Court ruling on redevelopment keeps $1.7 billion in state coffers
State lawmakers acted legally when they abolished more than 400 redevelopment agencies earlier this year, according to a ruling issued Thursday by the California Supreme Court.
The ruling is a victory for Gov. Jerry Brown. State redevelopment agencies and the League of California Cities had challenged the measure signed by Brown earlier this year; had they succeeded, it would have created a new, $1.7-billion hole in a state budget that is already running a $13-billion deficit.
When Brown and state lawmakers eliminated existing redevelopment agencies earlier this year, they sought to strike a middle ground by creating a modified redevelopment program in its wake. But that replacement program, the court ruled, was unconstitutional.
The ruling leaves the future of redevelopment agencies in limbo, and sets the stage for another major battle on the issue in Sacramento next year. The more than 400 redevelopment agencies around the state use property tax dollars to revitalize blighted areas, but Brown argued that the money would be better spent on schools and local governments.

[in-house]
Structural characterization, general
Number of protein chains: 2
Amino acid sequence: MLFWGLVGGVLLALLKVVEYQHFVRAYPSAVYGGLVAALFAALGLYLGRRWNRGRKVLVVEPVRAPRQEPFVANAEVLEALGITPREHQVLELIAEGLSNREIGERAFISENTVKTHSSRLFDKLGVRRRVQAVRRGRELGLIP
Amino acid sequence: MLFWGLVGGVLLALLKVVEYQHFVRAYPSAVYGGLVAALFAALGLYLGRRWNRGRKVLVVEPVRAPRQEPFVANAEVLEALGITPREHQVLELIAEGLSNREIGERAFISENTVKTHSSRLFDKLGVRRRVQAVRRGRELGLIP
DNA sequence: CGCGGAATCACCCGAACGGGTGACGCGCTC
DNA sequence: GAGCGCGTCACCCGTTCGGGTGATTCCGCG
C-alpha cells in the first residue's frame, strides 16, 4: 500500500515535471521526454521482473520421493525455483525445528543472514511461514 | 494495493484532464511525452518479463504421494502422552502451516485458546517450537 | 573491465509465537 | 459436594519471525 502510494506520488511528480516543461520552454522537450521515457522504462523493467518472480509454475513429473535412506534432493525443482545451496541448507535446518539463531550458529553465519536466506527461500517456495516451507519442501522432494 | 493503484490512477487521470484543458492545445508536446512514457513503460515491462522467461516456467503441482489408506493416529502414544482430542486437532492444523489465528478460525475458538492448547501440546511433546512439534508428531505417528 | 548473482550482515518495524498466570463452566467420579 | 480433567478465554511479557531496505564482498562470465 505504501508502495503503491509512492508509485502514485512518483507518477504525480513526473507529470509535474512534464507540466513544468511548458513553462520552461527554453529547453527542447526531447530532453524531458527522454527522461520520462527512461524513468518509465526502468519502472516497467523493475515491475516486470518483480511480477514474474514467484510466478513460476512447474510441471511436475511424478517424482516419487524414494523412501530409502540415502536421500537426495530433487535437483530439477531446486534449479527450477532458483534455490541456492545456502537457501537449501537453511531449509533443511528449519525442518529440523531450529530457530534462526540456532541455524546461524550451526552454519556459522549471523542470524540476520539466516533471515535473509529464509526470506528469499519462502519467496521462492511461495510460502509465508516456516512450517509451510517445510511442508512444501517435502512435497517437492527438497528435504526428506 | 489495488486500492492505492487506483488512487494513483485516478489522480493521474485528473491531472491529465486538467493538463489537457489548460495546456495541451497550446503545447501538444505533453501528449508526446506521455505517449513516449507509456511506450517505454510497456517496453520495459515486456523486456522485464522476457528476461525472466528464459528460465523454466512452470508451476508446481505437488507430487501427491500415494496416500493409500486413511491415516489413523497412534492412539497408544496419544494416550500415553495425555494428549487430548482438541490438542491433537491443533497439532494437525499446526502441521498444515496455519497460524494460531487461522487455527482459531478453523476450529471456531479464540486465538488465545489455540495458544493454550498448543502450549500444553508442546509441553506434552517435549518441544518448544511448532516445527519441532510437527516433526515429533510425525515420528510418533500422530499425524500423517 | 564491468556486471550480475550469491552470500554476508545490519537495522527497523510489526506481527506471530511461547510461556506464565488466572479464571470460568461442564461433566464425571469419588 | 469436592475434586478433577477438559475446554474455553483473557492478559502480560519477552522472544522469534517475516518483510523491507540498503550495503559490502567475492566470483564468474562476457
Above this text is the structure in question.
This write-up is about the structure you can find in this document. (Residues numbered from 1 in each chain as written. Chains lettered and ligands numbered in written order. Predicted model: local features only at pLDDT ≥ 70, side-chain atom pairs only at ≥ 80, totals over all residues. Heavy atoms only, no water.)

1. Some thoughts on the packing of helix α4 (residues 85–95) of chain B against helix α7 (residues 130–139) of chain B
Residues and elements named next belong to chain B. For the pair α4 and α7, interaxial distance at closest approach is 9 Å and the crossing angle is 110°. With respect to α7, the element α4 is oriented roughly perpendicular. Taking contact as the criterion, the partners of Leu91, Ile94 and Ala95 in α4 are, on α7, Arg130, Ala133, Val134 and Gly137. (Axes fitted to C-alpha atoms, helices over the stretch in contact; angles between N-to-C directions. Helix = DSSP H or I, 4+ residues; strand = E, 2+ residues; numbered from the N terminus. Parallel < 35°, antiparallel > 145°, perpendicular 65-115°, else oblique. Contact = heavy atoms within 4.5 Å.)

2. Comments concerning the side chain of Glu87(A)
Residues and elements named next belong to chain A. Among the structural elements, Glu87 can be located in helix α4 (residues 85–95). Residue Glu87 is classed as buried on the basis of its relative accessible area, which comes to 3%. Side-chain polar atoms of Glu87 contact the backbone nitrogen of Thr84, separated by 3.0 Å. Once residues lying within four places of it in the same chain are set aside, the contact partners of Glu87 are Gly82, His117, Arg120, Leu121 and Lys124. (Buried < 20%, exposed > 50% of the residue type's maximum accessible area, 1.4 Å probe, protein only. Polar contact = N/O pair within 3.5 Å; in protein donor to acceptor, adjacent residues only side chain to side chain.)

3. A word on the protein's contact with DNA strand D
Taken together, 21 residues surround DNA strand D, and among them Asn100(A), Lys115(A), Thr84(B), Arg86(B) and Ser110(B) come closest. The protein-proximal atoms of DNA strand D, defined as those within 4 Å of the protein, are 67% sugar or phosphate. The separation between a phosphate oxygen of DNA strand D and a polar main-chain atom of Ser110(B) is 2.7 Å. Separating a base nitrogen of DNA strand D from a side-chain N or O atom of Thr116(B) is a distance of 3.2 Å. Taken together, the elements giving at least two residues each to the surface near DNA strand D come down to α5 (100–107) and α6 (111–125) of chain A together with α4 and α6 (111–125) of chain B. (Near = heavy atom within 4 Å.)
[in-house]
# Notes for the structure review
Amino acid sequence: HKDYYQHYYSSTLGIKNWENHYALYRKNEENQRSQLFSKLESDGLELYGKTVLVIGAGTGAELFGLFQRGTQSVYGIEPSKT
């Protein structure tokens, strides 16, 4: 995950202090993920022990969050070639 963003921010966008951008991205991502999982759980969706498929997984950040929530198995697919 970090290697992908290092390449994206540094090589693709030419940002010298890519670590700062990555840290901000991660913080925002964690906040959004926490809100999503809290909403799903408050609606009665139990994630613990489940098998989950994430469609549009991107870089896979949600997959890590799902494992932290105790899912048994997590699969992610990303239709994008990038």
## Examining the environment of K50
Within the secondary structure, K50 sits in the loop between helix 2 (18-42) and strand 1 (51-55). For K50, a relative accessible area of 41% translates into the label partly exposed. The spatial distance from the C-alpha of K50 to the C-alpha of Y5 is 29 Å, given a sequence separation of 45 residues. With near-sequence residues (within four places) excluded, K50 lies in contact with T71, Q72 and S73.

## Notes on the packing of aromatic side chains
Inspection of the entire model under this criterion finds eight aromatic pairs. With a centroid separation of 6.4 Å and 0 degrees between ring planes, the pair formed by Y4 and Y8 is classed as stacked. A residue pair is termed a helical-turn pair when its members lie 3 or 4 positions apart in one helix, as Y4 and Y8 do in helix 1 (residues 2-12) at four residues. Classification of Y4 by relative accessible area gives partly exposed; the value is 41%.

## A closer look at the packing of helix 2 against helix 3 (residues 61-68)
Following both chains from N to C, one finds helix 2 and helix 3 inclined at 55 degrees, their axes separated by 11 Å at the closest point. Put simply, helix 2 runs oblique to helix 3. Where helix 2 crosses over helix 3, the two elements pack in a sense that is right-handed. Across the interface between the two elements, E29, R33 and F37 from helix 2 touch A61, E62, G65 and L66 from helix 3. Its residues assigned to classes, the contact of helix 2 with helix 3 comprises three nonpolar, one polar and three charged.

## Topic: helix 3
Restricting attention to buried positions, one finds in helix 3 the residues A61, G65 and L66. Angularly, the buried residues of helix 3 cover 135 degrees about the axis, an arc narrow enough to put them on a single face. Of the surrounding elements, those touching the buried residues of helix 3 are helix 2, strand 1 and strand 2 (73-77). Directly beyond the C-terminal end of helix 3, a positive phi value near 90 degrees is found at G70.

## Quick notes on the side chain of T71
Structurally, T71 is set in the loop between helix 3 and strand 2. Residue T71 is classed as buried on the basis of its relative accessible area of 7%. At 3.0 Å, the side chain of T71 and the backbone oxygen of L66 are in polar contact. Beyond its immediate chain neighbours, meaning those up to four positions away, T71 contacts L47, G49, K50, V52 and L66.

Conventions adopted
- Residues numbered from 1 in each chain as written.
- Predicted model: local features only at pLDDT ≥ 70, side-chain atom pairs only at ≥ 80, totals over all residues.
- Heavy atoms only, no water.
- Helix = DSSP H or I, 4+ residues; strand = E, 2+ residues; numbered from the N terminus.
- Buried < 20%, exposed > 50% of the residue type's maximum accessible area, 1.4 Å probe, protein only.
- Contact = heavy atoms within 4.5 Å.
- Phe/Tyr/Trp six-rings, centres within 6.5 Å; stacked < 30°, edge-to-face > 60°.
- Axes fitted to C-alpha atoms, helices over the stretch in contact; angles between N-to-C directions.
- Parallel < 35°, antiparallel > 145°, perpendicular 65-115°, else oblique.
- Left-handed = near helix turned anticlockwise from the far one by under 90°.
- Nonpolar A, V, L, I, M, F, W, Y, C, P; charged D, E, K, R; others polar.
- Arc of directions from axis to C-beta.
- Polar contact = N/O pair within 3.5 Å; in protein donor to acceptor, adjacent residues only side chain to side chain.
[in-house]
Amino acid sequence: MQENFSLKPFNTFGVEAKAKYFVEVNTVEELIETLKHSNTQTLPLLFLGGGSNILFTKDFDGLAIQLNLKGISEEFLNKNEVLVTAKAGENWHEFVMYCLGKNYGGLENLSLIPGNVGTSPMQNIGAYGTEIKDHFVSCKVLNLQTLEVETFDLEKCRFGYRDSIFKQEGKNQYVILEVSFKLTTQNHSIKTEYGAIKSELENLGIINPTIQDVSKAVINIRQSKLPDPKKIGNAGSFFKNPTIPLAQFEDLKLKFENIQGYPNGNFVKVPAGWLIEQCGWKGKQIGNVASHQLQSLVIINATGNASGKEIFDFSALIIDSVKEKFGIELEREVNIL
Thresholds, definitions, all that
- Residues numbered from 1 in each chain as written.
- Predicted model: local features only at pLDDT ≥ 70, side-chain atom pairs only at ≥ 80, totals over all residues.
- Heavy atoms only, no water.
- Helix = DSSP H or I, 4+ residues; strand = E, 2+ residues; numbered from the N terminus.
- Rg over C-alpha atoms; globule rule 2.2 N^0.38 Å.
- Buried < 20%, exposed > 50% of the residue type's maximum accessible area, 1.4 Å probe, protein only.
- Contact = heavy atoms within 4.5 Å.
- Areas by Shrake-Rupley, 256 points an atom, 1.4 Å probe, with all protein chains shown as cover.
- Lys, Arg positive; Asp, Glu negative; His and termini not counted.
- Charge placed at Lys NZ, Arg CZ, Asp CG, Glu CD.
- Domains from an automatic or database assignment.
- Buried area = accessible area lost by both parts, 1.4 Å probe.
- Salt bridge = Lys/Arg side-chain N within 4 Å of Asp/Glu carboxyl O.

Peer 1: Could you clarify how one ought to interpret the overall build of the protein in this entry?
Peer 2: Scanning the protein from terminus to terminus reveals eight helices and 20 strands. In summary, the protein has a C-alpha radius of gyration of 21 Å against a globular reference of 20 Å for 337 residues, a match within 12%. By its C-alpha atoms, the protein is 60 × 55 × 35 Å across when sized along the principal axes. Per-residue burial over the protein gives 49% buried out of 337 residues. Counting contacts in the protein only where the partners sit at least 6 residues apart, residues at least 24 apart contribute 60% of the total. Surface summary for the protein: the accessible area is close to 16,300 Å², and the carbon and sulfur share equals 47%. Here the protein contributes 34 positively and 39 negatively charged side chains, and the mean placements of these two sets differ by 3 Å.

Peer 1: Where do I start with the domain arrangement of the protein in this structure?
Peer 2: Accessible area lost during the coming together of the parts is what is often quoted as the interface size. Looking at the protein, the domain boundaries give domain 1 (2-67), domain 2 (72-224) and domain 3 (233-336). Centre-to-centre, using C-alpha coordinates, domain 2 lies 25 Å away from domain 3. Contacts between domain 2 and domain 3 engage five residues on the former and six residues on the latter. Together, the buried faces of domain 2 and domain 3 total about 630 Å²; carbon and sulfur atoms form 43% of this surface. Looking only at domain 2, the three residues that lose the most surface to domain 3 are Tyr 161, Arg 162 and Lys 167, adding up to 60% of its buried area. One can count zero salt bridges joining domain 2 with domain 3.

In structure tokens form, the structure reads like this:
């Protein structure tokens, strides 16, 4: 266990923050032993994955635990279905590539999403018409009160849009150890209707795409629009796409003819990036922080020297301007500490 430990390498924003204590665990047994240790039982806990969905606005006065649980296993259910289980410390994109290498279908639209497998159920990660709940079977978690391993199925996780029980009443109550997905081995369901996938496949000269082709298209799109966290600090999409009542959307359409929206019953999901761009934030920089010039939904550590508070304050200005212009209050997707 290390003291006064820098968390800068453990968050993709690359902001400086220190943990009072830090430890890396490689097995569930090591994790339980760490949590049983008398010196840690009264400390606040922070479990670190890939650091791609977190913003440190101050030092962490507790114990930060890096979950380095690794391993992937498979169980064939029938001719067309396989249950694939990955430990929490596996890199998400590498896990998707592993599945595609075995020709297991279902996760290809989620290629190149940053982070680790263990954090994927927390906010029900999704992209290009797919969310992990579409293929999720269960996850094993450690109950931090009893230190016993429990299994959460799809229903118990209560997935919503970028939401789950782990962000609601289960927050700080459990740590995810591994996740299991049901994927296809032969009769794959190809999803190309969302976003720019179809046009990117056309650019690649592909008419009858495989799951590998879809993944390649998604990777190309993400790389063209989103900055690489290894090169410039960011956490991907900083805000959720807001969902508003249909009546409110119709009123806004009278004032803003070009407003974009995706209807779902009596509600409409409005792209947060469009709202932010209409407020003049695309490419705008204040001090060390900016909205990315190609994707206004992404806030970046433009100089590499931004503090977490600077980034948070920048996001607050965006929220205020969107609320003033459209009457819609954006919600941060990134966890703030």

Brown signed a bill that required those agencies to dissolve, freeing up $1.7 billion to help balance the state’s books in the current fiscal year. The second measure, struck down by the courts Thursday, created a new redevelopment program which gave $400 million back to the state in subsequent years.
Opponents of the bills, led by the League of California Cities and the California Redevelopment Assn., argued the measures violated the terms of Proposition 22, a measure approved by voters in 2010 that aimed to prevent the state from using local funding to balance its books.
The court ruled the agencies were not protected by the constitution, but said the Legislature’s efforts to re-create a subsequent redevelopment program were not legal.
-- Anthony York in Sacramento